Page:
A review of Who By Fire: Leonard Cohen in the Sinai by Matti Friedman, 224 pages, Spiegel & Grau (April 2022)
Less than two months into Russia’s brutal invasion of Ukraine, Kyiv—a town that many thought was on the verge of collapse just weeks earlier—received a pair of unusual guests. The presence of Bono and The Edge, the leading personalities of U2, must have seemed strange and otherworldly in a city still pockmarked by Russian bombardment. Their unannounced 40-minute “freedom” concert was held in a subway station. Bathed in purplish pink ambient light, the two musicians played acoustic versions of hits like ‘Vertigo,’ ‘Angel of Harlem,’ and ‘With or Without You,’ and ended the short set with a cover of ‘Stand By Me,’ substituting the lyrics “Stand by Ukraine.” As the Irish Times reported, Bono told the crowd: “The people in Ukraine are not just fighting for your own freedom, you are fighting for all of us who love freedom.”
In wartime, music and musicians have a unique ability to entertain and inspire, awe and soothe. Although U2 stole international headlines, Ukraine’s own Sviatoslav Vakarchuk—who is sometimes compared to Bruce Springsteen—also played for Ukrainian troops in the Donetsk Region, clad in a flak jacket and seated in an unassuming office chair. The 2022 Eurovision Song Contest, an annual event begun after World War II with the aim of knitting the continent together in a “pan-European” spirit, was won by the Ukrainian ensemble, Kalush Orchestra.
Although he could not have anticipated it when he was researching and writing, the symbolic timing and importance of Matti Friedman’s latest book, Who By Fire is particularly poignant. It tells the story of Leonard Cohen’s journey across the Sinai Desert, entertaining Israeli troops during the 1973 Yom Kippur War. Back then, it was Israel that had been invaded on the pretext of assuaging the fears of a larger nation, and it was Israelis who were fighting and dying in defense of their nation’s very existence and their right to self-determination.
The story of Cohen’s trip to Israel has been a source of unending Israeli fascination, but virtually no records of it remain, so reconstructing events was difficult for Friedman. However, thanks to the cooperation of Cohen’s estate, who granted the author access to the late songwriter’s personal diary, and the discovery of an unpublished manuscript buried in an archive outside Toronto, Friedman has been able to piece together a beautifully intimate portrait.
Until now, Friedman writes, the tour had “lived on as underground history—in word of mouth, in photographs snapped by soldiers, in notebooks filed in an office on Wilshire Boulevard in Los Angeles, in a box of papers in Hamilton, Ontario, and recorded between the lines of a few great songs.” A local edition of Rolling Stone contained “the only description of any of the concerts to appear in print at the time.” But the journalist mocked him as “the great pacifist,” apparently unmoved by the sight of Cohen performing ‘So Long, Marianne’ for young Israeli troops. “This song,” Cohen told his small audience, “is one that should be heard at home, in a warm room with a drink and a woman you love. I hope you all find yourselves in that situation soon.”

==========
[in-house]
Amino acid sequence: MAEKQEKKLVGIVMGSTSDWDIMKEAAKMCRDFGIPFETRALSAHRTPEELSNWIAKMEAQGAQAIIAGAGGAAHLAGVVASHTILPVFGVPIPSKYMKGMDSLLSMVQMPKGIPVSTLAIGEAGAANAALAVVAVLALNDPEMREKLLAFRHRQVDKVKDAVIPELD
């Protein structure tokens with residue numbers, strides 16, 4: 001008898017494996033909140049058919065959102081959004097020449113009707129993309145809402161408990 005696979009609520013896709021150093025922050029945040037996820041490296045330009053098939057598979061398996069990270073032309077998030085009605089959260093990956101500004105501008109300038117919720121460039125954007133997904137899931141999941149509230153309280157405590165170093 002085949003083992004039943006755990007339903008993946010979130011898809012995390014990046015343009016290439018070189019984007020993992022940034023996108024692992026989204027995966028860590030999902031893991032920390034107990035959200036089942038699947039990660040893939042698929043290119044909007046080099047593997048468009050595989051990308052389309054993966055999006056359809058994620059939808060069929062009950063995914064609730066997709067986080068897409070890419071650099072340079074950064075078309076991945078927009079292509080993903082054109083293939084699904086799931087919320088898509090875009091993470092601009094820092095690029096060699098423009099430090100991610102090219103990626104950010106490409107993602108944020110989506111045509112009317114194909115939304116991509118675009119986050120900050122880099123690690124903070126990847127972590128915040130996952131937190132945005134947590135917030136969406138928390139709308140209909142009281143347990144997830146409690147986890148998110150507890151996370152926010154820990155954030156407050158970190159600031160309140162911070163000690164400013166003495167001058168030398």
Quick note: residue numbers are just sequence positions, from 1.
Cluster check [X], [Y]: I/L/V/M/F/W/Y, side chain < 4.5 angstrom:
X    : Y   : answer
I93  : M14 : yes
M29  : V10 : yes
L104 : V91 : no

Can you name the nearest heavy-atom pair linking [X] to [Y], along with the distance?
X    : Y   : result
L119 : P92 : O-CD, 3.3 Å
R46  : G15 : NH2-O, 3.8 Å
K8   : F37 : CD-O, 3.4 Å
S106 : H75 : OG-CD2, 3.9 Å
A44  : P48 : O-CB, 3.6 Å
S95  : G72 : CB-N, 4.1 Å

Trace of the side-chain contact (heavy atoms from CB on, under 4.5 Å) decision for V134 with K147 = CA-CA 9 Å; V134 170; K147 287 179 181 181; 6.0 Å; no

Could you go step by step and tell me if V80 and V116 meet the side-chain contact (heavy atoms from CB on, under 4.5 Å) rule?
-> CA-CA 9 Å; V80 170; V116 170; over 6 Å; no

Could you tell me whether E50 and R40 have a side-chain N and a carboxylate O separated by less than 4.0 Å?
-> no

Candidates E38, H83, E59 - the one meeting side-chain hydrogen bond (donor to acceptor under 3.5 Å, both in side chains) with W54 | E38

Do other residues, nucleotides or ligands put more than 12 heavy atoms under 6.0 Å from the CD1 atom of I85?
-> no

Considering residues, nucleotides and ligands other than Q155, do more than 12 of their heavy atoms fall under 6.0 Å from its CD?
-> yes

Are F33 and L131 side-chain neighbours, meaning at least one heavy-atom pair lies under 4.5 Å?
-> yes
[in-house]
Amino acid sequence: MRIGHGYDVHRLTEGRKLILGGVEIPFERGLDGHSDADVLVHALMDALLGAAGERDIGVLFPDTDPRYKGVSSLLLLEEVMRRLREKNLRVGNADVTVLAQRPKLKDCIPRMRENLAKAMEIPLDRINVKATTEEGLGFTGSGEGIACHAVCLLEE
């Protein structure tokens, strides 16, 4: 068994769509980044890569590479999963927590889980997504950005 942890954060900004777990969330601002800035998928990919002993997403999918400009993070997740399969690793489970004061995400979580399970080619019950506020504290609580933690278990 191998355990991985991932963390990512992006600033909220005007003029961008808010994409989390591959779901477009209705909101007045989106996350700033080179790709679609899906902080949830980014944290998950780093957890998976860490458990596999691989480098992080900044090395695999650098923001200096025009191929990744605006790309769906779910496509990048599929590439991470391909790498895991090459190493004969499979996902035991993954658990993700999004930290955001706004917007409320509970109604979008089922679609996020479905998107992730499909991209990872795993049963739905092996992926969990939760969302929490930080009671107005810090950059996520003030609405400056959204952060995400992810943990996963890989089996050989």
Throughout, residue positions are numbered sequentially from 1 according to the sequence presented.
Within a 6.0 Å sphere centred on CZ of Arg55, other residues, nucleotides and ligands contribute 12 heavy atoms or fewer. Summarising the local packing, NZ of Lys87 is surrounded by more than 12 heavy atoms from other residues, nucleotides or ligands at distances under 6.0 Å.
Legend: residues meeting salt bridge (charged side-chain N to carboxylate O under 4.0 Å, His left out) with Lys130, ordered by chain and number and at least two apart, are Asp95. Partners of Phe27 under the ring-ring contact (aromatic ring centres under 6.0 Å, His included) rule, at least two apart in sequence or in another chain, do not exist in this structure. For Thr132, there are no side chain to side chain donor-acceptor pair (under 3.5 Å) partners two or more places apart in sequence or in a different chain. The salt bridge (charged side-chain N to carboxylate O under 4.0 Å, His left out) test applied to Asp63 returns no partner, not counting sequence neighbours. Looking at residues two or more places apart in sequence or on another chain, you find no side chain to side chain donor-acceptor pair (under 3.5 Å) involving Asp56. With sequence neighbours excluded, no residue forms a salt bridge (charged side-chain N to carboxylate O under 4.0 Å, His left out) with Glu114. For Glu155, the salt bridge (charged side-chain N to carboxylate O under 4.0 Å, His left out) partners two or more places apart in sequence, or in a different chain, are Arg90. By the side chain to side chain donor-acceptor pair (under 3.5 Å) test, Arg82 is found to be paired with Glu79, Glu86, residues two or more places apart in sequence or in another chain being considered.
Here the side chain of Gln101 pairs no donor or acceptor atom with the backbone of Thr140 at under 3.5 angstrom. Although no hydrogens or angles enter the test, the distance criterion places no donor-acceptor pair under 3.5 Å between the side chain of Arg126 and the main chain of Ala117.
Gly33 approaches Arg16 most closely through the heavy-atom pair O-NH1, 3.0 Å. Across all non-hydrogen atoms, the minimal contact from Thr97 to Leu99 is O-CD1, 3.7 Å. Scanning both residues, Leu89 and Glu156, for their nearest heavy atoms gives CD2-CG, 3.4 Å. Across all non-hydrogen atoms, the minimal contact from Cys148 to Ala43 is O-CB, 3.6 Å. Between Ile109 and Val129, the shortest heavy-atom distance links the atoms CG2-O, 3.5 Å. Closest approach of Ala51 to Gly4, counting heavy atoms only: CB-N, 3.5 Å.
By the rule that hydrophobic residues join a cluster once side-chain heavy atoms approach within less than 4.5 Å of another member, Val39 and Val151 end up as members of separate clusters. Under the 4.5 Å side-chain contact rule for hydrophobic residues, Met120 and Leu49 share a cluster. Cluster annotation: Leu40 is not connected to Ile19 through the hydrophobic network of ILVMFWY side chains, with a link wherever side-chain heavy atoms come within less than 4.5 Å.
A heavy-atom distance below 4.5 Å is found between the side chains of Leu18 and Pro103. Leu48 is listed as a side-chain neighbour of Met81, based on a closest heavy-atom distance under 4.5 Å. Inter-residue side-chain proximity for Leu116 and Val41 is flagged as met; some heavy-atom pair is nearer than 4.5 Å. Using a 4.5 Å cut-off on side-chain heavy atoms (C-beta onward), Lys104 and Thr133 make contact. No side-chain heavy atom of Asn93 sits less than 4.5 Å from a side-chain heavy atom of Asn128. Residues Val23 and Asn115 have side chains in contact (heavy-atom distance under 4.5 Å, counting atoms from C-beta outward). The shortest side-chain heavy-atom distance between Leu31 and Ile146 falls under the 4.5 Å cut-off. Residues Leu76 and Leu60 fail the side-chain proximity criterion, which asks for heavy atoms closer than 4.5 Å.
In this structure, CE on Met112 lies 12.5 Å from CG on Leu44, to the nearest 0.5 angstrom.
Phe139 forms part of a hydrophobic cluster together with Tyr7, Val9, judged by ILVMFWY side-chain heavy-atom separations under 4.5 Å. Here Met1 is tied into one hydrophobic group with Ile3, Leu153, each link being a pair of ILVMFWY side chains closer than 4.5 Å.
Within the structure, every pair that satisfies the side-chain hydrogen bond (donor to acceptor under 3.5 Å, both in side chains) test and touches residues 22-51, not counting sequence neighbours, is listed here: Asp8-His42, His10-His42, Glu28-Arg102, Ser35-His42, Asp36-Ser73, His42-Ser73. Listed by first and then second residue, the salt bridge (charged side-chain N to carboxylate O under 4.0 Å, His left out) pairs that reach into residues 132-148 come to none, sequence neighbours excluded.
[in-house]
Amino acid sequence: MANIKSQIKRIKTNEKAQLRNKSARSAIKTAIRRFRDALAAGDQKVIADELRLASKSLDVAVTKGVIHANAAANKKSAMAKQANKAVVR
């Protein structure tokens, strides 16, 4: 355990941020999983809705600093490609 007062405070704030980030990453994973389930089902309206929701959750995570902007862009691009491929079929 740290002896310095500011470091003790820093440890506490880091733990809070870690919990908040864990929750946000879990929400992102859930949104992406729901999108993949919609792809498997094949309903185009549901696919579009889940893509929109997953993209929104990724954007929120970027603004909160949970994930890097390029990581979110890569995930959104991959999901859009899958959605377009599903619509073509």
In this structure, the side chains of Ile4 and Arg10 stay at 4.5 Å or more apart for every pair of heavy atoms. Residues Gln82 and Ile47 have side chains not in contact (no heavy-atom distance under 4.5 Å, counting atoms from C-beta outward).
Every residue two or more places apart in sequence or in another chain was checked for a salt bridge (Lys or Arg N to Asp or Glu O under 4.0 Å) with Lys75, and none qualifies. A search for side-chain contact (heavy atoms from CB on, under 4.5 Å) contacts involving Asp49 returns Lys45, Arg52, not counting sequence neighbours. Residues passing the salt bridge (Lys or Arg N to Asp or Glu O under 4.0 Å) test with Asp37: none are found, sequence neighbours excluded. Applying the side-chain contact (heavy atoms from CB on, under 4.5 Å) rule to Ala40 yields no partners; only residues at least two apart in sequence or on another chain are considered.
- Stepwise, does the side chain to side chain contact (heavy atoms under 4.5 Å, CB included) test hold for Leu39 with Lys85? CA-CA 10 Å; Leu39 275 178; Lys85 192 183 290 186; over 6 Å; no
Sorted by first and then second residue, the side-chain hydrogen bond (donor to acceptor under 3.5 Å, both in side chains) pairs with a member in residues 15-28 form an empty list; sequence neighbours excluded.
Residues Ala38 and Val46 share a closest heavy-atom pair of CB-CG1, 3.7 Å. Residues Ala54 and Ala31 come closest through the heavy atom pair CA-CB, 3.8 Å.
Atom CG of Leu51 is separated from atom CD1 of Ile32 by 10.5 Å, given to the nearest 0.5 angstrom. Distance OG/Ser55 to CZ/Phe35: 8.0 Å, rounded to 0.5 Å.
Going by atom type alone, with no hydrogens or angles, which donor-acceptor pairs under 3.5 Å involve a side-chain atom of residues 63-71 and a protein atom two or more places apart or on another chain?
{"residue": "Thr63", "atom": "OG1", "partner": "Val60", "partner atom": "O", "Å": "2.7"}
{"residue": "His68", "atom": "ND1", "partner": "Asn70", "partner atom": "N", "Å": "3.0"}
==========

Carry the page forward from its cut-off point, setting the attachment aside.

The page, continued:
Many of them did not. The coordinated surprise attacks on Israel by Egypt and Syria were launched on Yom Kippur (or the Day of Atonement), the holiest day on the Jewish calendar. The country was fasting and praying and Israelis were caught off-guard. “The service, many hundreds of Hebrew pages, is like a slow drive through rolling liturgical countryside. It meanders for miles, crawling through land so featureless it can put you to sleep, hooking back on itself so that you wonder if you didn’t pass that same red barn an hour ago.” The astonishing success of the 1967 Six Day War had likewise lulled Israelis into a false sense of security—the Arab armies, they assumed, were simply no match for their own nation’s military superiority. “The symbolism here,” Friedman writes, “is so clumsy that it seems to beg an apology.”
Within hours of the 1973 invasion, however, Israel’s feared eye-patched general, Moshe Dayan, was warning that the “Third Temple,” (that is, Israel itself) was “in danger.” And this is where we encounter Cohen: at the intersection of existential dread and survival, life and death. Could an artist with Cohen’s preoccupations and temperament have been better suited to any situation than this one? Cohen was then estranged from his Jewish roots, but as the survival of the young Jewish state hung in the balance, he made his way back to what he called “my myth home.” He rarely spoke about the experience afterwards, but it’s clear from his personal writings that his relationship with Judaism and Israel was complex and, in its own way, profound.
This is one of the animating questions Who By Fire seeks to unpack. What persuaded Cohen, then comfortably ensconced on the Greek island of Hydra, to drop everything and travel to Israel in the middle of a devastating war? His life up until that point certainly didn’t suggest such a decision was especially likely. The singer-songwriter did come from a distinguished line of rabbis in Montreal, but he left the family business a long time ago and basically spurned his community.
Two episodes during the 1960s help to illuminate Cohen’s tortured relationship with Judaism. As a late-twenty-something, Cohen wrote a poem titled, ‘Lines from My Grandfather’s Journal,’ about Jewish existence, which would later appear in his second anthology, The Spice-Box of Earth:
I did not like to see the young men stunted in the Polish ghetto. Their curved backs were not beautiful. Forgive me, it gives me no pleasure to see them in uniform. I do not thrill to the sight of Jewish battalions. But there is only one choice between ghettos and battalions, between whips and the weariest patriotic arrogance.